At block 322, the method 300 installs one or more instances of the checkin service 134 in different physical locations (e.g., at other server nodes) of the datacenter 102, so that node servers 114 can be discovered and added to the group managed by the group manager server 112 that responded to the hello data packet (and has thereby been added to the zone 104). In the sense that each checkin service 134 can be installed at a different physical location from the zone controller 126, the checkin service 134 may be considered as being analogous to a “client” piece of a client/server computer application.

Each checkin service 134 is configured with a pre-designated communication port 138 and a namespace, which indicates the IP address of the server hosting the checkin service 134 and a label or tag (e.g., a text label containing the word “checkin”) identifying it as a checkin service. In some embodiments, the checkin service 134 may be implemented as a Zeroconf or similar service. The physical location of the checkin services 134 in the datacenter 102 may be determined in advance, e.g., by a system administrator. As described further below, the checkin services 134 allows node servers 114 to be discovered and added to groups managed by the various group manager servers 112 in the zone 104.

Referring now to FIG. 4, an illustrative method 400 executable as computerized logic and/or instructions by the checkin service 134 to add a node server 114 to a logical group of servers (e.g., a group that is formed based on functionality, hardware topology, server health, and/or other parameters as opposed to physical location) is shown. The checkin service 134 is configured to monitor the communication of node subscription data packets from node servers 114 that are within a defined range of IP addresses, which may be specified by a system administrator, or may simply include the IP addresses of all of the node servers 114 that are within broadcast range of the checkin service 134. The checkin service 134 maintains group manager data 135, which includes a data table or other suitable data structure that contains the IP addresses of all of the group manager servers 112 and their respective communication channel information (e.g., port number, channel type), as assigned by the zone controller 126. At block 410, the method 400 opens the communication port 156 to listen for node subscription data packets from node servers 114 (e.g., messages that have a “node” tag in the packet header). When a packet with a “node” tag is received, at block 412 the method 400 determines the node identifier 150 (which may need to be decoded using cryptographic techniques, as should be appreciated by those skilled in the art) and creates a node hardware topology map based on the information contained in the node identifier 150. Using the node topology map, the method 400 formulates a node capability identifier, which includes information about the node's hardware capabilities, such as its CPU family, memory technology, type of network interface, and/or other characteristics of the server hardware. In other words, the node capability identifier may be derived from the node identifier 150.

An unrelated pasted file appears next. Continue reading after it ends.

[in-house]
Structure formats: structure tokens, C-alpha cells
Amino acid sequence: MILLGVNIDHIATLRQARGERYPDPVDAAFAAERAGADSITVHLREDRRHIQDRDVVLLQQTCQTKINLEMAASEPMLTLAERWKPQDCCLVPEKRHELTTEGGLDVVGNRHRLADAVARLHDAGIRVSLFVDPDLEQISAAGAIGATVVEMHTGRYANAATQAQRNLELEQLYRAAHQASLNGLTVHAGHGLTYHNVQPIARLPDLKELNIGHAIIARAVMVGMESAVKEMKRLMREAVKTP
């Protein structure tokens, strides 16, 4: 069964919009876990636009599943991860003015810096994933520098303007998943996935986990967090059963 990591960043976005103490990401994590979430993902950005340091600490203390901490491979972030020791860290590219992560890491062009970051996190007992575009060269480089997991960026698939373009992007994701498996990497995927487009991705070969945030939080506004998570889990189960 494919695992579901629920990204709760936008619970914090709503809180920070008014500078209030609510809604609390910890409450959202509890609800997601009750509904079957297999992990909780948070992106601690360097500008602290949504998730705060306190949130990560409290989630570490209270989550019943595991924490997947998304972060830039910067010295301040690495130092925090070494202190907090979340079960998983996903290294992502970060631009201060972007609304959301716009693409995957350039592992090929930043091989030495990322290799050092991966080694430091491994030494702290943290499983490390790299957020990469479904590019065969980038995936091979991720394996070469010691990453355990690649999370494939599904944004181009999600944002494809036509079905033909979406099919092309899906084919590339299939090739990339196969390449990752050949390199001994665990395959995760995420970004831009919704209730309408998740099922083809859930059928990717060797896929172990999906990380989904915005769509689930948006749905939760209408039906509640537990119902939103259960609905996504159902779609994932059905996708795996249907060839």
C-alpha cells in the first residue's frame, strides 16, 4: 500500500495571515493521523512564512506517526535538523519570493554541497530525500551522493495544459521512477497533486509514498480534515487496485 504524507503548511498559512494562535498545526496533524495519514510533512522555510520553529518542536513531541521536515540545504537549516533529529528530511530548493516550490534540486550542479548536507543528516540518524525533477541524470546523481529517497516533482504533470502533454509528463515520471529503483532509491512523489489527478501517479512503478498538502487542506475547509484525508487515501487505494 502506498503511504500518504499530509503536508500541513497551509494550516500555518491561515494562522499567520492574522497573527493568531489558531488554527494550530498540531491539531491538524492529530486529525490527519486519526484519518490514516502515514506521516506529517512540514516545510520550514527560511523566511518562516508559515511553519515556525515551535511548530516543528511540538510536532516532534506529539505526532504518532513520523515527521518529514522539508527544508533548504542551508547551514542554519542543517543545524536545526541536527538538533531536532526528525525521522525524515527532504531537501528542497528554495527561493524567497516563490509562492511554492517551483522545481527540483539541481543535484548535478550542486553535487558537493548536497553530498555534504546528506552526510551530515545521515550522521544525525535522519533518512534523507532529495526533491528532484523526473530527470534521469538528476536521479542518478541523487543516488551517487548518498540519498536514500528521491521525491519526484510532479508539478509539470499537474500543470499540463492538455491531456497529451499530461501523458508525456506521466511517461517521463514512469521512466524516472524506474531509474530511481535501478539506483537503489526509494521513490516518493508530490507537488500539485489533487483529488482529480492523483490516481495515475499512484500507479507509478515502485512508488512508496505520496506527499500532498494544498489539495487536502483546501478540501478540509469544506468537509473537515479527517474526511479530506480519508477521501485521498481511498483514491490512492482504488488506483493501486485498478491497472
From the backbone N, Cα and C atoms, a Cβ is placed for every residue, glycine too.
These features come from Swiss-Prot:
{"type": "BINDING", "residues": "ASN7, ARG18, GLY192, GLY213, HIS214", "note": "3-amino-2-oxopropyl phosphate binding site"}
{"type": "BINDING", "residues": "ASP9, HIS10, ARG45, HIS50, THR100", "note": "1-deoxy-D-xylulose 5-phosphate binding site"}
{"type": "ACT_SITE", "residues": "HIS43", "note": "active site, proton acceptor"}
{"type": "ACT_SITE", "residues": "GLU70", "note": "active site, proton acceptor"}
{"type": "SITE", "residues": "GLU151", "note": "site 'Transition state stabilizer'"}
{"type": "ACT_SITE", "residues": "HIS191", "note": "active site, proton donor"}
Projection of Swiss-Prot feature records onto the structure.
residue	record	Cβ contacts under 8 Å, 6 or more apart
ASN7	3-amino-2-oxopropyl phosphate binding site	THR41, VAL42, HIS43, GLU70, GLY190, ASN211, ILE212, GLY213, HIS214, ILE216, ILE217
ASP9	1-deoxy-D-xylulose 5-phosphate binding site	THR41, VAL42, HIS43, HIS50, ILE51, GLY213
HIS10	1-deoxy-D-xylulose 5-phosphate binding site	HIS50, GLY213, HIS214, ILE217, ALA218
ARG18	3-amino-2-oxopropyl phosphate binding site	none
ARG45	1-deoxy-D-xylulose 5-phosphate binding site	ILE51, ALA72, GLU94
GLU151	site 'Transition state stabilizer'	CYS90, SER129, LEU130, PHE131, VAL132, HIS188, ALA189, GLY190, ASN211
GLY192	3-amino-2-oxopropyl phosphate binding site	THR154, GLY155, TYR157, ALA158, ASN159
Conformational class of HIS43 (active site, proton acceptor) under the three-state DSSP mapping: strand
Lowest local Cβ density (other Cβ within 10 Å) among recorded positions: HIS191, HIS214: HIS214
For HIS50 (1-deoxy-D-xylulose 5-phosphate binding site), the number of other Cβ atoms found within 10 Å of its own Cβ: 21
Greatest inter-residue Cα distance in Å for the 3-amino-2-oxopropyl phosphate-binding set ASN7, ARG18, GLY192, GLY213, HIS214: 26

At block 414, the method 400 uses the group manager data 135 to access relevant portions of the zone topology data 132 to retrieve hardware topology information associated with the group or groups managed by the checkin service 134. More specifically, in some embodiments, each unique combination of hardware topology information (e.g., CPU family, memory technology, type of network interface, etc.) is associated with a pre-generated unique group identifier 140. For instance, in some embodiments, the zone topology data 132 includes table entries that map the concatenation of relevant hardware characteristics (e.g., “CPU family+memory technology+type of network interface”) with unique group identifiers. At block 416, the method 400 compares the node's capability identifier (e.g., a concatenation of CPU family+memory technology+type of network interface) with the information obtained from the zone topology data 132, to obtain the group identifier 140 with which to associate the node server 114. At block 416, the method 400 continues comparing the node's capability identifier to information in the zone topology data 132 until a suitable match is found. Based on the node's capability identifier and the zone topology data 132, the node server 114 is assigned to a group within the zone 104. At block 418, the method 400 sends the group identifier 140 and its associated message channels 148 to the node server 114 (using, e.g., an AMQP Direct Address Protocol or similar mechanism) and to the zone controller 126 to update the zone topology data 132.

Referring now to FIG. 5, an illustrative method 500 executable as computerized logic and/or instructions by the group controller 142 to define a new physical group of servers to the system 100 or add a new node server 114 to a physical group, is shown. At block 510, a system administrator (i.e., a person), designates one server in a physical grouping of servers (e.g., a rack) as the group manager server 112; that is, the server that will host the group controller 142. Block 510 is shown in dashed lines to illustrate that it is typically a step that is performed by a person, although it may be automated in some embodiments. At block 512, the method 500 generates the group identifier 140 for the group managed by the group manager server 112. In some embodiments, the group identifier 140 may be generated using a random unique identifier. In other embodiments, the group identifier 140 may be generated using a portion (e.g., the first 24 bits) of the IP address of the group manager server 112 that all of the servers in the group will have in common.